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Cycling for a sustainable city

The National Campaign for Sustainable Transportation and Critical Mass Beirut hold a Cycling Parade in Beirut

“Nothing compares to the simple pleasure of a bike ride.” Judging from the convivial vibe and the happy, satisfied smiles on the faces of the about 250 cyclists who joined in the Cycling Parade on Sunday, they’d all agree with John F. Kennedy’s take on riding a bicycle.

“We did have a small accident, a collision,” Alyaa Fouani admitted after the ride, throwing a guilty glance at her friend, Juliet Berro, whose tricycle she collided with. “You see, I didn’t have brakes, oh and I briefly lost my saddle riding up Charles Helou too.”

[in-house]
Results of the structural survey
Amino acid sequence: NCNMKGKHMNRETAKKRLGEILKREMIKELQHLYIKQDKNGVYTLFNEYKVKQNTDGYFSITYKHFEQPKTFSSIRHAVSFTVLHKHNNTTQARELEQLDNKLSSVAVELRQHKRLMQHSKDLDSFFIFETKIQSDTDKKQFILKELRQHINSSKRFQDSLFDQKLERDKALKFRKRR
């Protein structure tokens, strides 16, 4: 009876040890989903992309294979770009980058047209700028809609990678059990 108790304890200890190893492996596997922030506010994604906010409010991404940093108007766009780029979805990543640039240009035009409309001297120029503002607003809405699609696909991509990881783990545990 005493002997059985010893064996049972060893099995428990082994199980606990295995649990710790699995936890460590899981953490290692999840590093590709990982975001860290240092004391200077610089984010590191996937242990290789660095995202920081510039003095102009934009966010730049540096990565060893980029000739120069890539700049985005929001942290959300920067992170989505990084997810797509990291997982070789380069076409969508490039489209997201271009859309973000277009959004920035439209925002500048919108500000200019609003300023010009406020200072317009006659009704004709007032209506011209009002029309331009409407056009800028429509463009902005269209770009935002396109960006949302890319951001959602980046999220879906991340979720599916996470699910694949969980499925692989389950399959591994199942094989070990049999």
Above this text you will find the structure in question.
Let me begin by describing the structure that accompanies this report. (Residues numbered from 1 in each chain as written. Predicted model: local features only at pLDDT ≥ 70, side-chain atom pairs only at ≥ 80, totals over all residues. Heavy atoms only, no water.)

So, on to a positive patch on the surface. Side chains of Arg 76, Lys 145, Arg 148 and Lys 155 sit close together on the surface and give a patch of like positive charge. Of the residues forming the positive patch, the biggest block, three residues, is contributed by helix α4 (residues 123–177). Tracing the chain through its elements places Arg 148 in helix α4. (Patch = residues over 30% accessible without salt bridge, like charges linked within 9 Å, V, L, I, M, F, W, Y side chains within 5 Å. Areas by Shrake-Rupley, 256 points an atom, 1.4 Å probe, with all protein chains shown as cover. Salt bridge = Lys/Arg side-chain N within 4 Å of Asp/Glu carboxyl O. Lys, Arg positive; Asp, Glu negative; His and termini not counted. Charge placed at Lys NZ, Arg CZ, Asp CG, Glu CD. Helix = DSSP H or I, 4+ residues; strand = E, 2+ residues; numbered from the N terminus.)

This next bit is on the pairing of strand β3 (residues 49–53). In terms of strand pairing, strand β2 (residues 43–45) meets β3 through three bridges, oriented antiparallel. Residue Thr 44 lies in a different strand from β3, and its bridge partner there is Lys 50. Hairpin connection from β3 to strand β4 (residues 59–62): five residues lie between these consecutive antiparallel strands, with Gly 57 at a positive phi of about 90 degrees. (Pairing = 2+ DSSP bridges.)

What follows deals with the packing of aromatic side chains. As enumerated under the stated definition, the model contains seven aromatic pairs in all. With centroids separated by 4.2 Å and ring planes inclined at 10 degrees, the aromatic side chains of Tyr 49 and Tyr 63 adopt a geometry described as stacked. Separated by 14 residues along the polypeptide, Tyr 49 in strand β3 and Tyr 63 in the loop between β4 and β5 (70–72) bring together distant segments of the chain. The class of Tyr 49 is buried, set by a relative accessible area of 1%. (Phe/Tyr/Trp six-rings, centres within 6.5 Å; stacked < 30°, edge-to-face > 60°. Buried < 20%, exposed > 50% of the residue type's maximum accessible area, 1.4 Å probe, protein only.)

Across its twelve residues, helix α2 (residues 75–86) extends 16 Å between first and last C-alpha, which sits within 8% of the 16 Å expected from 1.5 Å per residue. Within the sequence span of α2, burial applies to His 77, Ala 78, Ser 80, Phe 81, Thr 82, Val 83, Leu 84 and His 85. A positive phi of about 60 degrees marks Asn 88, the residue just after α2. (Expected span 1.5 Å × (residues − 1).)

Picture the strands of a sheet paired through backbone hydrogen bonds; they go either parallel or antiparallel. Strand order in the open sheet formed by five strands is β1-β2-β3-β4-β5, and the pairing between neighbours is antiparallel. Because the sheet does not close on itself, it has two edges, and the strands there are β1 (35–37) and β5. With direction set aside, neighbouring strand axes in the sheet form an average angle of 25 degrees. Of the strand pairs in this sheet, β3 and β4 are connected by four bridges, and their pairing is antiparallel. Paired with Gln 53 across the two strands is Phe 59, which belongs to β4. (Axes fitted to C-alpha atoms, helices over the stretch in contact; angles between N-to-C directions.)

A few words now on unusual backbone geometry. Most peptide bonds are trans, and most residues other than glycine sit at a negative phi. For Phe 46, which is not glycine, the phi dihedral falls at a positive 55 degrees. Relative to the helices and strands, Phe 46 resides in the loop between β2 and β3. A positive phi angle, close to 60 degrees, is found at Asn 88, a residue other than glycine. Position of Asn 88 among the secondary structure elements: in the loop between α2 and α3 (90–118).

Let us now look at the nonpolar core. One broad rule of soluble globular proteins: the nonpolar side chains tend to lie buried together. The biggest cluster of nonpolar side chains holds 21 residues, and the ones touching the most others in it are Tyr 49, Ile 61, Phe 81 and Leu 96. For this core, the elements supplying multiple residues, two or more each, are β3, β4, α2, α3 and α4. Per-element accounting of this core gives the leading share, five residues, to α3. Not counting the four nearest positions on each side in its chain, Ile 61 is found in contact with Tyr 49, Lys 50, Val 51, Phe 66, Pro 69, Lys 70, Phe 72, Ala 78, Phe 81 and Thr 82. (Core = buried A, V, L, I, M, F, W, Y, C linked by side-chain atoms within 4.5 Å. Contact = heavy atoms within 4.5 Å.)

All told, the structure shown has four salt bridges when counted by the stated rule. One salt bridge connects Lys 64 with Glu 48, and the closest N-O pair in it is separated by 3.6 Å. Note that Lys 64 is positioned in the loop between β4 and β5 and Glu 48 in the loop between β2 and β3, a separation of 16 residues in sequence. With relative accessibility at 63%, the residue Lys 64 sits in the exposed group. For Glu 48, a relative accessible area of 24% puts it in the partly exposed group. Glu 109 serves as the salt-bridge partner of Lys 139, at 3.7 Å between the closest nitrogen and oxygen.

Fouani was one of about 30 intrepid tricyclists who completed the ride in celebration of the National Campaign for Sustainable Transportation (NCST)’s first anniversary as well as the 20th anniversary of Critical Mass, an event that first took place in San Francisco in 1992 and has since then sprung up in over 300 cities around the globe.

In exchange of an ID, participants without bicycles could hire one for free from Beirut by Bike at the Waterfront. The process of registration, while cumbersome, made it possible for the ride to reach the numbers it did – about two thirds arrived wheel-less.

“Critical Mass is not an organisation, it’s a voluntary event,” explains Mohammad Shublaq, who participates in the monthly Critical Mass Beirut (CMB) rides and helped organize Sunday’s Cycling Parade.

“There are usually between a minimum of two to up to 25 cyclists. The idea is to be visible but we should attract more people, like workers, who use their bicycle as a daily means of transport, instead of just people who identify with the idea and don’t use their bikes as a regular means of transport.”


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